He was allegedly arrested for failing to pay more than £500,000 tax on money from the department store, according to the Sunday Times.
An HMRC spokesperson said: "We do not comment on identifiable cases, but can confirm we have arrested a 49-year-old businessman."
The arrest took place on 2 November.
The watchdog is hoping to secure a £350m payment from Green after the collapse of BHS in April left a £571m deficit in the company's pension scheme, which has 20,000 members.
Green, the parent company of his empire Taveta Investments, Chappell, and his company Retail Acquisitions were each been sent warning notices – setting out evidence to support the use of contribution notices and financial support directions, which would demand money from the parties.
BHS’s pension deficit stood at £571m when Green sold the company to Chappell’s Retail Acquisitions for £1 in March last year.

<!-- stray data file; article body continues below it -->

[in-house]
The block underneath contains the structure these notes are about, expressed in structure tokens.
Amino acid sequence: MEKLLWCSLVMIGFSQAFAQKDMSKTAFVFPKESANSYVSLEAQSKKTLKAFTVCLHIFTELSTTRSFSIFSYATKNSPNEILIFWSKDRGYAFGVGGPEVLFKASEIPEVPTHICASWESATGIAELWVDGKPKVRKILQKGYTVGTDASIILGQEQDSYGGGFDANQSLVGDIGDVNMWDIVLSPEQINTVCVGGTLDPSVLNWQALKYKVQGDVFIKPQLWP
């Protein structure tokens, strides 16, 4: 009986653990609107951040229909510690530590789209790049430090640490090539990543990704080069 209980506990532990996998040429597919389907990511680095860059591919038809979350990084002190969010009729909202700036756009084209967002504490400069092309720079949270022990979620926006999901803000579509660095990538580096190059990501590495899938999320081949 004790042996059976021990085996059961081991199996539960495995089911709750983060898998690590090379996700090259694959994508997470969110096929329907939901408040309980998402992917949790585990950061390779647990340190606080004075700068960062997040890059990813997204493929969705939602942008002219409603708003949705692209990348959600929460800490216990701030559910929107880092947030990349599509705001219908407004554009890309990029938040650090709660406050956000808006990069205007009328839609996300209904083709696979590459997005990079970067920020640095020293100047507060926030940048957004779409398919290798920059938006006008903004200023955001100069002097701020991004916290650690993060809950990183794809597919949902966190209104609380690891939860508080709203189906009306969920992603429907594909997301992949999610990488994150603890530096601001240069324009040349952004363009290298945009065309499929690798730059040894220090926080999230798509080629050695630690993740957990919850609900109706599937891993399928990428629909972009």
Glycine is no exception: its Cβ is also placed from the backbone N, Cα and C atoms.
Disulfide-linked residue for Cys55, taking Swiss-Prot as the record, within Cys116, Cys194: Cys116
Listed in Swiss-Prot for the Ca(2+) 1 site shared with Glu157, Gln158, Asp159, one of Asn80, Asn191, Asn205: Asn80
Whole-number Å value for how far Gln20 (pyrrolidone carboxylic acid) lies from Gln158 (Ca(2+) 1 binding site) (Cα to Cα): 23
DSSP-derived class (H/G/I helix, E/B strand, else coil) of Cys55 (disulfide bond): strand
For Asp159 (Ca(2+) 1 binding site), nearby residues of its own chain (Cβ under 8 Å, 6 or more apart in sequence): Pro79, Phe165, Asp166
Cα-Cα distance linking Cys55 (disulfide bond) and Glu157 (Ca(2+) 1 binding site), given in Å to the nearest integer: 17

Lesley Titcomb, head of the pensions watchdog, said: “Our decision to launch enforcement action is an important milestone in our work to attain redress for the thousands of members of BHS schemes who have been placed in this position through no fault of their own.”
Chappell bought BHS through Retail Acquisitions, a consortium of which he owned 90 per cent. It collected an estimated £17m from BHS despite owning it for just 13 months before it collapsed. Green was in charge of the retailer between 2000 and 2015, during which time his family and other shareholders collected over £580m.